About a year ago, I wrote about wanting to reduce our electrical usage as compared to the previous owners of our house. As it turns out, they averaged $165/month for electricity during the year before we bought the house, and my goal was to reduce our usage as far below theirs as possible. There’s nothing particularly significant about this number – I just thought it would be a useful exercise to try and beat it. Unfortunately, I only have information on the average amount of their bill, and not on the actual energy usage. Thus, increased energy prices will obscure at least a portion of our improvements.
For background, our house is roughly 3, 000 square feet, fully electric (including the hot water heater and furnace), and located relatively deep in the southeastern United States. Anyway, we now have a year of electrical bills to look back on, and guess what? We’re dead even with the previous owners at $165/month. A few thoughts on this…
First of all, we also have a larger family (four vs. two kids) which makes cutting our usage relative to the previous owners somewhat of an uphill battle. Second, I don’t have good data on average temperatures over the periods under consideration, but the majority of our winter and summer electric usage is heating and cooling. Thus, a particularly hot summer or cold winter during one year or the other would make this a bit of an apples-to-oranges comparison. We’d really need to have data over a longer time period to make a truly accurate comparison. Finally, while we’ve done a lot in the way of cutting corners, including bumping up the thermostat in the summer and installing compact fluorescent bulbs throughout the house, we’ve also increased our electrical usage in two notable areas. First, we got a bearded dragon last fall and have thus been running a 100W basking bulb plus a UV bulb for roughly 13 hours per day. We also installed a dehumidifier in our crawl space last fall, and it runs pretty steadily during the warmer months.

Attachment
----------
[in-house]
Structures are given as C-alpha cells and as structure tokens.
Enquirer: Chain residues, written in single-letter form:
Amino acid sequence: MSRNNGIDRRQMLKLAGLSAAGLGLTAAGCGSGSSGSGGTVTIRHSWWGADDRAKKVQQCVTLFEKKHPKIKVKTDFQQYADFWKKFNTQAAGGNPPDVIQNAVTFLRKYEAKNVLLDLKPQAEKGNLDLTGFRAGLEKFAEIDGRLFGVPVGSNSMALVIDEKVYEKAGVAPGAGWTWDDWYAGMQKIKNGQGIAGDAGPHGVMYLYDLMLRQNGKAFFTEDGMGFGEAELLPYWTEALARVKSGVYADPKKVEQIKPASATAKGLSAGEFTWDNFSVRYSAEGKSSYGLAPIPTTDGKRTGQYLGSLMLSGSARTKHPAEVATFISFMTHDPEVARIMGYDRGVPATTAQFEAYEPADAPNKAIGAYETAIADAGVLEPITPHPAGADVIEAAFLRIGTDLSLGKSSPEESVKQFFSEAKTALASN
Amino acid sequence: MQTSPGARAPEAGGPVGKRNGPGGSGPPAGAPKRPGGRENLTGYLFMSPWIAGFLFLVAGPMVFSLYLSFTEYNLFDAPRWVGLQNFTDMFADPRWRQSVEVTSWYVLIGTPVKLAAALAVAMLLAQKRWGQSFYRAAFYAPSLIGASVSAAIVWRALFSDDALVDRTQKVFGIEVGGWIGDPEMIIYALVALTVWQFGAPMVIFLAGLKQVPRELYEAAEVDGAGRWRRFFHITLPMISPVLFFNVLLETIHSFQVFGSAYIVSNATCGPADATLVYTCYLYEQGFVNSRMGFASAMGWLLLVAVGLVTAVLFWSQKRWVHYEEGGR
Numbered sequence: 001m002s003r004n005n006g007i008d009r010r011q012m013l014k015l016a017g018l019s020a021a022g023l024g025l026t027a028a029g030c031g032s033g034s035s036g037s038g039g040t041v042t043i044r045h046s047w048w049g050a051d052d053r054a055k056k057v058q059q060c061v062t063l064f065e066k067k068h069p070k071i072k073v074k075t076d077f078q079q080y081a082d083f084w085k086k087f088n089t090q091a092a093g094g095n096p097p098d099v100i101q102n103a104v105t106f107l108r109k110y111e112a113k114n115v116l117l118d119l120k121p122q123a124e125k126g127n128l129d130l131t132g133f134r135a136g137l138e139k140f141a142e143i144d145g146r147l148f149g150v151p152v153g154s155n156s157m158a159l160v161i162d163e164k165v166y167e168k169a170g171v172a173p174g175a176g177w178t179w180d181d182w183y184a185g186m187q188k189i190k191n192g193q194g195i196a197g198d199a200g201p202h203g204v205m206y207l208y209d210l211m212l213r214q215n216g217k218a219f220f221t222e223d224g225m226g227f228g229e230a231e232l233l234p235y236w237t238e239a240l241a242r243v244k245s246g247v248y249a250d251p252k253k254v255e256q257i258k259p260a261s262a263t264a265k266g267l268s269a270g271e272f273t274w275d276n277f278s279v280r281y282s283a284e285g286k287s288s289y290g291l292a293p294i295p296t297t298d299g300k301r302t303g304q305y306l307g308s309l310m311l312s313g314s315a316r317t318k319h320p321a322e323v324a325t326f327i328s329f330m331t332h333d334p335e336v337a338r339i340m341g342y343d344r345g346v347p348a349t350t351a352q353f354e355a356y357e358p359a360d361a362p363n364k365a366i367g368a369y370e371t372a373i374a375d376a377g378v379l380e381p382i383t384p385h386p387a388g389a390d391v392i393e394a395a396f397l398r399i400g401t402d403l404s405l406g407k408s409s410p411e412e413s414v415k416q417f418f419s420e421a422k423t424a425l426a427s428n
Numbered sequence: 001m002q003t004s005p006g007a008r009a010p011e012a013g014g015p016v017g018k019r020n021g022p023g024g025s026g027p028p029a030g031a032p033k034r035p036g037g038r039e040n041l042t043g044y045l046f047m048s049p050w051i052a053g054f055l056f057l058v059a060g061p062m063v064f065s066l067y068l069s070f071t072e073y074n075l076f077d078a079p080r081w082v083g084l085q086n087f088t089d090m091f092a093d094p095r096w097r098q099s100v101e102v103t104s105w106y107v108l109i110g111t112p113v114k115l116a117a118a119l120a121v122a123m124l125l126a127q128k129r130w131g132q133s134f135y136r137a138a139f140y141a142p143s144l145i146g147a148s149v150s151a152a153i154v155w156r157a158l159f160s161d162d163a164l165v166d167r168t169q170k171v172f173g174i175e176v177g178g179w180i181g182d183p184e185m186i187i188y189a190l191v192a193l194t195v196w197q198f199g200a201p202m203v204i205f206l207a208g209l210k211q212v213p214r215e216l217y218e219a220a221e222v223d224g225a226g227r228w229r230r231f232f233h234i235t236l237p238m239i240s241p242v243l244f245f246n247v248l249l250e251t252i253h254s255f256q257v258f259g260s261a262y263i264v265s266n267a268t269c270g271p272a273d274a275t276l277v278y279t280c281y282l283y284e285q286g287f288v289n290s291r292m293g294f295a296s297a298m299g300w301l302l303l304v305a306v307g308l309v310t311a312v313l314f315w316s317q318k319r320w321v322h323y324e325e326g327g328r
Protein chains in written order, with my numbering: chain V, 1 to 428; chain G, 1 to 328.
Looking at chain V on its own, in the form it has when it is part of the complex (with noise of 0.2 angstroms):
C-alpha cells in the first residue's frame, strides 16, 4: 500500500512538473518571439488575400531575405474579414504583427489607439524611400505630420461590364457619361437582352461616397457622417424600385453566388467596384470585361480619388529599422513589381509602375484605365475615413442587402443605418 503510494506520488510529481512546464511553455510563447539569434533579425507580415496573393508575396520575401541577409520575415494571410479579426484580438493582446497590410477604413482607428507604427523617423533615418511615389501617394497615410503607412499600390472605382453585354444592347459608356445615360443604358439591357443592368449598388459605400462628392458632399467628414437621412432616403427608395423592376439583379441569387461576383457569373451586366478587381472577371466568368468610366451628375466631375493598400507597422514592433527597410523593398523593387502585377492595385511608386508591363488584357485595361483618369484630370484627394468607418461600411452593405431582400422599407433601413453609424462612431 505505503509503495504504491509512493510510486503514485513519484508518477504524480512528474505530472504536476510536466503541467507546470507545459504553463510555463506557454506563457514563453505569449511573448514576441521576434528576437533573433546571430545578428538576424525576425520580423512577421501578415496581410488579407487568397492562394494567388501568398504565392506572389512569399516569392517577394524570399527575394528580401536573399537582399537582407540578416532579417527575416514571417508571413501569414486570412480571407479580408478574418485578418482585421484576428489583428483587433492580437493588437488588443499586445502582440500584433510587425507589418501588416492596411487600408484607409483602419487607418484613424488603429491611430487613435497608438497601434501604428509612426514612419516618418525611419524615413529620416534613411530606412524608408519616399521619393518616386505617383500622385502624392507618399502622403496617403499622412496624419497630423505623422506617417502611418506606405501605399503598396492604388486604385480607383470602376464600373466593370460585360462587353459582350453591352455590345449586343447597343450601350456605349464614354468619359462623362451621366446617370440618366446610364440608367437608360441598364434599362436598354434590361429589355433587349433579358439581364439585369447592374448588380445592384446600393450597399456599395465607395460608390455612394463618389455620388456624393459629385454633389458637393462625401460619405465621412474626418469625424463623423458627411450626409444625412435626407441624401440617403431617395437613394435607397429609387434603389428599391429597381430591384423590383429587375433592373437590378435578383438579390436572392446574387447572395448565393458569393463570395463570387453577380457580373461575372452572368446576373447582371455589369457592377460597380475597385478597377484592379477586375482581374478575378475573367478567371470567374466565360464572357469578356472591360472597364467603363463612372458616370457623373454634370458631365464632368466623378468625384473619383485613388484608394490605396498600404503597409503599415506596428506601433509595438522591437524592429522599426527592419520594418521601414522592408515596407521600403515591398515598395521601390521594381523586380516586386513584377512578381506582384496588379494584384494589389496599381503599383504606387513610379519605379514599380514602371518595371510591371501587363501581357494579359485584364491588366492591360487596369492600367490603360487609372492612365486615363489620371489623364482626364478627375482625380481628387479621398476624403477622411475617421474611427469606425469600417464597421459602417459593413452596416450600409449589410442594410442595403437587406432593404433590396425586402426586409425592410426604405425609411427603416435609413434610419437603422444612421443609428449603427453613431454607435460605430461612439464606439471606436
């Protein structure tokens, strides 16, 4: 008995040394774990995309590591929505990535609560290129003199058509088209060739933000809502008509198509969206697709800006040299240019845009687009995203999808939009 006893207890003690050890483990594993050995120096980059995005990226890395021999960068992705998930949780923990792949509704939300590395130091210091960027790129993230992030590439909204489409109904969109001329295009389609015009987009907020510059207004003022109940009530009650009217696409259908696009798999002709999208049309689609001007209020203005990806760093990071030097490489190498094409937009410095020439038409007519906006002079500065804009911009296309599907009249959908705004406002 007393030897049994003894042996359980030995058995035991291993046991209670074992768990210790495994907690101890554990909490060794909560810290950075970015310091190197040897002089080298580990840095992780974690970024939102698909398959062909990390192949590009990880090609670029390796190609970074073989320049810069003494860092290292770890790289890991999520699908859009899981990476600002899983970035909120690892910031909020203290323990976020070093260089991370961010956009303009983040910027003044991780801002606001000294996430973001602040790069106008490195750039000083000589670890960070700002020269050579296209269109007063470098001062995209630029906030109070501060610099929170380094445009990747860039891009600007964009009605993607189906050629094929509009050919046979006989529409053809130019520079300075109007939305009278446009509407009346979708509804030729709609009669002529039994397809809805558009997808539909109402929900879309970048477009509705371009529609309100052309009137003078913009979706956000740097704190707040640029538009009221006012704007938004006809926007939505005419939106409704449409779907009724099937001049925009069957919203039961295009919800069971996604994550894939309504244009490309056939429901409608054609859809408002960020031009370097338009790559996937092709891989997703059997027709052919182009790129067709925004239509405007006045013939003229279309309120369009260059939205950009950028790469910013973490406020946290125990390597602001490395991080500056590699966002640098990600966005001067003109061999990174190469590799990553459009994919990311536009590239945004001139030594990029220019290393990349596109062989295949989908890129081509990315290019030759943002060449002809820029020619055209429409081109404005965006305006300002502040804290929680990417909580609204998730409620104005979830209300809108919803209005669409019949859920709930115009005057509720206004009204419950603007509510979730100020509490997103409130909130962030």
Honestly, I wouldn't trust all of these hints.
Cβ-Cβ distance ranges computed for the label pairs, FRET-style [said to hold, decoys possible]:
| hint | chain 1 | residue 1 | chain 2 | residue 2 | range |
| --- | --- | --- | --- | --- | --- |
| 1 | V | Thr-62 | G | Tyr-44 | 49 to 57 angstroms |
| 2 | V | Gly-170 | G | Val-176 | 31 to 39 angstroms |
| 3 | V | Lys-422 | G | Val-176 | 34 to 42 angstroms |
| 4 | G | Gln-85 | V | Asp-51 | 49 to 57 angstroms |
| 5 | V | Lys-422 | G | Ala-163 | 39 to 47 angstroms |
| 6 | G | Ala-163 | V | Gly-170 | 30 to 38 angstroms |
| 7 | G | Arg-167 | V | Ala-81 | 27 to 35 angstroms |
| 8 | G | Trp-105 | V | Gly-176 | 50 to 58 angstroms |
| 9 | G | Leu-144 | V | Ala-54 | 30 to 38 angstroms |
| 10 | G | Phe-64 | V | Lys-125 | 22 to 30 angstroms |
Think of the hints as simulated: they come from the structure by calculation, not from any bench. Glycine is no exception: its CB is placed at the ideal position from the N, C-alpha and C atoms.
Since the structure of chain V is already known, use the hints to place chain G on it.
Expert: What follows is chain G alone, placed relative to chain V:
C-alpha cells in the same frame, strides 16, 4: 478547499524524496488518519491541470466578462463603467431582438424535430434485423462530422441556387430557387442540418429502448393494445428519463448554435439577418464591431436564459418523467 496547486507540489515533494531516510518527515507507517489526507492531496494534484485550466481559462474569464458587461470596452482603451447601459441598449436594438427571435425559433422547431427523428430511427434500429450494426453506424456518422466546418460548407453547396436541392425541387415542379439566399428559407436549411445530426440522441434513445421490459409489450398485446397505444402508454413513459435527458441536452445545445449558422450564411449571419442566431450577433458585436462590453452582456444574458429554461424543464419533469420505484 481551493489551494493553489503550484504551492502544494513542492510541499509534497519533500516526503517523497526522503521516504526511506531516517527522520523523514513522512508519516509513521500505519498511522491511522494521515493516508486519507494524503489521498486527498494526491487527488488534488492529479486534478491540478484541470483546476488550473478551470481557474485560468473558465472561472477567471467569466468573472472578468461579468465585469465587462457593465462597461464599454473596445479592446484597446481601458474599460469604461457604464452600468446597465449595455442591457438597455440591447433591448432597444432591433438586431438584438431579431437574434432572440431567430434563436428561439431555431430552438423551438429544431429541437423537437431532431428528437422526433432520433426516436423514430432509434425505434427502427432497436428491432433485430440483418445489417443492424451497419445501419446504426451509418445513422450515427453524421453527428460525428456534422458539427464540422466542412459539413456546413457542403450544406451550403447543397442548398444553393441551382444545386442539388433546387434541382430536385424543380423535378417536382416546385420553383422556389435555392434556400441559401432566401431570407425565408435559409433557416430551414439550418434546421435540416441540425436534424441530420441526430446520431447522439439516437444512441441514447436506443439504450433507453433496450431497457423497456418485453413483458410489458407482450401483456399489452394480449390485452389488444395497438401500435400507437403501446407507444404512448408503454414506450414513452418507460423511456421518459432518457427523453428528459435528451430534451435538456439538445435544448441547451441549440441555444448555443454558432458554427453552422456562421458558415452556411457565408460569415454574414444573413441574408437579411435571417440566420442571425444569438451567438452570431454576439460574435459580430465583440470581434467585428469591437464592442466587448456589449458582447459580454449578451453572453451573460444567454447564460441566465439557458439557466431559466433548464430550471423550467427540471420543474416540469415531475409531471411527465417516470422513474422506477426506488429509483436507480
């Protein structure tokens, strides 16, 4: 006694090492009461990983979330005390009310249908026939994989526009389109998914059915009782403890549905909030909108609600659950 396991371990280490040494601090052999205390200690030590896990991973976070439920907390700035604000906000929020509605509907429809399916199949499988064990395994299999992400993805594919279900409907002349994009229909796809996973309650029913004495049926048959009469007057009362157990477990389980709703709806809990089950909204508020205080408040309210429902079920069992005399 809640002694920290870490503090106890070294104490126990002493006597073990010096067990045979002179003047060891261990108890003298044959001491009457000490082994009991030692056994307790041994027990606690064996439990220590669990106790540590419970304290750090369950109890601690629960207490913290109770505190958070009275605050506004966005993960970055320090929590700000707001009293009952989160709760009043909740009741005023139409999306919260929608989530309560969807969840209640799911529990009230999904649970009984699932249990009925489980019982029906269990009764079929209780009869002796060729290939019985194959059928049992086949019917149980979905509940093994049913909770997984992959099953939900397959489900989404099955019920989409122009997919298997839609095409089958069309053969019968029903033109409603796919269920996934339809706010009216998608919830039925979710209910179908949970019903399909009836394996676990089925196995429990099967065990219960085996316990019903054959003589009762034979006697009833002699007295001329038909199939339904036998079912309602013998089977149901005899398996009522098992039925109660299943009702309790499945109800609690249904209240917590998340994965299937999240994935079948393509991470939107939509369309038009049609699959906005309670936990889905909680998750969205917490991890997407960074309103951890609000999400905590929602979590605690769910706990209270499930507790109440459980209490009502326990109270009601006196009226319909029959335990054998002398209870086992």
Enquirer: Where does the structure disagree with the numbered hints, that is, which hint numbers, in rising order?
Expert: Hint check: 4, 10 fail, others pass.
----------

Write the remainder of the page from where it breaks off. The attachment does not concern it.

All in all, I’m reasonably pleased with our performance so far — holding even with the previous owners in the face of increased energy costs constitutes a small moral victory if nothing else. We’ve made a couple of additional changes recently that will hopefully help with energy efficiency in the coming months/years. First, I finally got around to insulating our garage door (more on this in the future). We also recently replaced our front door with one that not only looks much better, but is also far more energy efficient (by which I mean it doesn’t have huge gaps for air intrusion all the way around it). And now that I have a year’s worth of data on actual usage as opposed to cost, I’ll be better able to keep track of things going forward.